Artistic Endeavors – Planning for Retirement

I don’t retire for another seven years, but I have a lot of free time on my hands and a lot of questions about ‘who do I want to be now that I can be whoever I want to be?’ I spent the better part of my adult life being mother and wife, and while I do not regret a moment of that time, I have a lot of life left in me as I enter the retirement age. My children have grown up, moved away, and blessed me with a passel of grandchildren. My husband has retired and settled down with the television.

I am still working, but – in all honesty – I have only worked steadily for the past 14 years of my life. Prior to that, I was Mom, Homeschool Teacher, Church Volunteer, School Volunteer, parttime employee. I posed a lot of questions on my other blog ( about growing up and what I decided was that I have several choices – but what is my first love? ART.

I have not pursued art seriously for decades. Off and on, I start something and go through with it (hence this blog), but for the most part… being an artist came in behind children, homeschooling, gardening, work, writing- you name it.

In honor of my decision to become a more serious artist and to improve my natural gifts, I did a short series on Facebook about portraits. The idea was to garner constructive criticism and ideas on ways to improve myself, but it really ended up being a self-critique and a lesson in using medium to its best advantage given my limited skills. In no way did I expect to be perfect, only to play around with the most difficult task I could think of: human faces.

I picked my granddaughters.


Granddaughter #2 in her mother’s sweater.


Crayon. Crayon is difficult anyway. I’m not terribly disappointed with the results since I have never – ever – attempted a portrait with crayons.


Pastels. Much better. The little girl doesn’t actually resemble my granddaughter because I sketched free-hand from a computer image. Mouth is off. But it isn’t a bad rendition of a human face and I think my art teachers through the years would admit I finally got the concept of planes down. Mr. Wall always told me I didn’t understand the human face is made up of planes. I think I just rebelled against the idea that geometry could be of any value in art.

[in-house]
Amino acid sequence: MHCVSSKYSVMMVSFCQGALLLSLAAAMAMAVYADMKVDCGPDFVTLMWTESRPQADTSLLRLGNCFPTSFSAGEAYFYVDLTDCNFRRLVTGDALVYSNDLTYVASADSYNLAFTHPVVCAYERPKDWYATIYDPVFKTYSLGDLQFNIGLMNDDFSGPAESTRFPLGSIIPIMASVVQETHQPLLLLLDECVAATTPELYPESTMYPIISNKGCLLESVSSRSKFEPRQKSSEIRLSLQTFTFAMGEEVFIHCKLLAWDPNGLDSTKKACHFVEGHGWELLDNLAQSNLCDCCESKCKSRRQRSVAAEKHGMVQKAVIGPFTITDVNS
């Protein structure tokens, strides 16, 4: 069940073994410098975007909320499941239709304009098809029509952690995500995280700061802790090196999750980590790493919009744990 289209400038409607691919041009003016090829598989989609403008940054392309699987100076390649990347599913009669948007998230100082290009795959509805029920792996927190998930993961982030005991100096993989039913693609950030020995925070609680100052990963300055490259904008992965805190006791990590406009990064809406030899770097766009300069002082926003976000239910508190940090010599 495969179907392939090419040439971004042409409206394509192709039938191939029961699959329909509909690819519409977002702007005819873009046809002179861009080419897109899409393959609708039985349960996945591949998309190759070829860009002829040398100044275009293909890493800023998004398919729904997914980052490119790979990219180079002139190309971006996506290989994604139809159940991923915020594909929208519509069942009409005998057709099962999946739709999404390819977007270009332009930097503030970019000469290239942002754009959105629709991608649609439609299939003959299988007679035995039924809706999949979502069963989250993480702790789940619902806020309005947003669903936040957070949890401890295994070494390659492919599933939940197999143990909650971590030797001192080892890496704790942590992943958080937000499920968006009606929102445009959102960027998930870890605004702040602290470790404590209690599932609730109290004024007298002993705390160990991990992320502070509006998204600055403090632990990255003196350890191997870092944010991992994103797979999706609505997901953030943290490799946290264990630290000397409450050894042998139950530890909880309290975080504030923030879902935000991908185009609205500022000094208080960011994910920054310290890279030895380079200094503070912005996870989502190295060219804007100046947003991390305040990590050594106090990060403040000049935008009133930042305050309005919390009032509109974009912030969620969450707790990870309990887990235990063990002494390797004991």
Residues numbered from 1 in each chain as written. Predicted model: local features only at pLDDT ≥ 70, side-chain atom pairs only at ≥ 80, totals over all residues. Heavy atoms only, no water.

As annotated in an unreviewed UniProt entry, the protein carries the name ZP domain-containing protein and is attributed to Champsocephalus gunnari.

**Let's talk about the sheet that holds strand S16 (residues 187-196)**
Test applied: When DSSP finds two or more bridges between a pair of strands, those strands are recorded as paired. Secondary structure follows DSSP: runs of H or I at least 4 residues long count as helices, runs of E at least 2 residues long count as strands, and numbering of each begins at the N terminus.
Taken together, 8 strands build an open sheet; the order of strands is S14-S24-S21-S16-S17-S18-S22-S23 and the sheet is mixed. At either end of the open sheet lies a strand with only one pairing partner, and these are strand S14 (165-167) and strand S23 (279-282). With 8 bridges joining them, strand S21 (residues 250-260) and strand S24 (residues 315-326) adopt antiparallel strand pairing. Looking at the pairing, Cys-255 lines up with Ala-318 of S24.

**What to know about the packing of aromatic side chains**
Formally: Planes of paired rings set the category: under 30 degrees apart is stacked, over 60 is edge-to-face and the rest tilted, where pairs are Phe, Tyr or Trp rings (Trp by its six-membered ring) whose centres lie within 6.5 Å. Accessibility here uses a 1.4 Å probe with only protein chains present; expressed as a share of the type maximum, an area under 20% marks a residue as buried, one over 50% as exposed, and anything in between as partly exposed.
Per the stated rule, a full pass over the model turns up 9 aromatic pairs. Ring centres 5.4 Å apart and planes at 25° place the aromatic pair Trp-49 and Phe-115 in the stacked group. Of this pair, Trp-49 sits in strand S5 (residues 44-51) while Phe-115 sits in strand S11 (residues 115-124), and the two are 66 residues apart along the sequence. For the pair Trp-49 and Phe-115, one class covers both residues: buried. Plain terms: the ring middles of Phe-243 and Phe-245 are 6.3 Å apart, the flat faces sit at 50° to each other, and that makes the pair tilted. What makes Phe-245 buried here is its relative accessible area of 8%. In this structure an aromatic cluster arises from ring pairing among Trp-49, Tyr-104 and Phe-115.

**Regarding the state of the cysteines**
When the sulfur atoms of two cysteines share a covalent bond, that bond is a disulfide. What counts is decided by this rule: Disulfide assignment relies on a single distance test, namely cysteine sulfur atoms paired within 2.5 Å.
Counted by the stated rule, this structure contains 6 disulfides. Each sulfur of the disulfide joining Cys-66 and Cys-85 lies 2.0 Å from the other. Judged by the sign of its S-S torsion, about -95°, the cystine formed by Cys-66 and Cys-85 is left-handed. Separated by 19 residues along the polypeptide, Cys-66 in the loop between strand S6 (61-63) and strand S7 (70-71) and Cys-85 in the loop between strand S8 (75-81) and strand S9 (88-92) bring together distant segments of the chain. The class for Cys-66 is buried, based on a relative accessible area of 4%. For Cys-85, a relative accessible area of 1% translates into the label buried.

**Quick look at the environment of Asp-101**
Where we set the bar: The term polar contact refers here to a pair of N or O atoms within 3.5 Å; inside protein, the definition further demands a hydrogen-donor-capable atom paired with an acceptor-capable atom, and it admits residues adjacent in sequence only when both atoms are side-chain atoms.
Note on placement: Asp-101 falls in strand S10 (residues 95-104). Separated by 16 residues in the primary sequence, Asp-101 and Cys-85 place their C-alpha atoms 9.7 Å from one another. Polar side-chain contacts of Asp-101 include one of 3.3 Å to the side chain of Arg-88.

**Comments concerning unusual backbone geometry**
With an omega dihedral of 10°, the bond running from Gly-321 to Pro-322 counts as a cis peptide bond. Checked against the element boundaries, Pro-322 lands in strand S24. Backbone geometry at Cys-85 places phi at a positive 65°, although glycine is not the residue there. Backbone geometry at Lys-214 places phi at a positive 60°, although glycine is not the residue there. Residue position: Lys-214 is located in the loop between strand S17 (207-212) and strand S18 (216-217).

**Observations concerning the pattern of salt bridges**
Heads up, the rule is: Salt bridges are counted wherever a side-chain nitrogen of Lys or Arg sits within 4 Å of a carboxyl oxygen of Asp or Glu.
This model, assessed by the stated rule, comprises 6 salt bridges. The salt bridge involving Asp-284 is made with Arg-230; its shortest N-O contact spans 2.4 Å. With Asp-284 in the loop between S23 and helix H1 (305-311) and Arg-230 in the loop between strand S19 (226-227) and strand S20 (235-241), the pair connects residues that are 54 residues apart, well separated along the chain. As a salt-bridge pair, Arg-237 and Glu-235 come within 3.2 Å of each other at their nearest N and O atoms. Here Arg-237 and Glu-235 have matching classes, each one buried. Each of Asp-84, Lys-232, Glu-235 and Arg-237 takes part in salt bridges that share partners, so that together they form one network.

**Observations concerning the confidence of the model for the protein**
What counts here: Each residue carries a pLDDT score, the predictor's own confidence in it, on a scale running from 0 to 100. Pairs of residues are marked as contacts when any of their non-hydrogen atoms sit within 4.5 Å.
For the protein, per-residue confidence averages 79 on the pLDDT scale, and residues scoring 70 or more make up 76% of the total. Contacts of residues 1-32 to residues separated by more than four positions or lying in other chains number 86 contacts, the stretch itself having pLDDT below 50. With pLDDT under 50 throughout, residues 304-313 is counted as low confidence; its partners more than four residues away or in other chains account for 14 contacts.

My grandson snapped this photo of his sister, granddaughter #1. I just want to give him credit. He loved the idea that I had a real camera and I would let him touch it. I think he was enamored of the instant gratification of digital photography more than the f-stops and flashes, but…


This was my first post to Facebook. I was appalled. The scanning process revealed my weakest spots – but since I used watercolor crayons, I knew I could fix the error without over-working the portrait.

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A little bronze to the side and I managed to tone down that glaring wite spot by her eye. I like the end result – and she actually looks like my granddaughter.


I switched it up to my youngest. I scrolled through her “selfie” file and picked out one I thought I could imitate. I love this photo of her. It reminds me of Audrey Hepburn.


Oil pastels. Oh. Ugh. The details are too tiny and the points are too lacking in oil pastels. I totally flubbed up the mouth. She looks more like a Zombie (which I am certain she is fine with, but I am not).


Water color crayons to the rescue. I am so pleased with this!

The results? I *love* water color crayons. I have a lot of work to do. I need to keep plugging at it, don’t back down. I have seven years to perfect this gift I have.

One thought on “Artistic Endeavors – Planning for Retirement

  1. You surprise me. You dabble in so many things and yet you wish to be an artist. Who do YOU know that is an artist? What self imposed standard are you holding up as comparison. YOU ARE AN ARTIST! I think you feel guilty that you could not devote time to art and allow yourself to explore pastels, water color crayons , crayons, etc. Did you ever consider you had to explore humans, the world, the condition first before you could explore the art? Don’t discount those years you went without art. Art was there it just wasn’t the prevailing melody but rather the rhythm in the background. Now you can bring it forward to sing a song with other voices. And in a few short years Art will have her chance to sing solo and astound you and everyone. I have enjoyed your journey, as much as I have seen so far in our friendship. I truly look forward to seeing you and your art when you both can be released.

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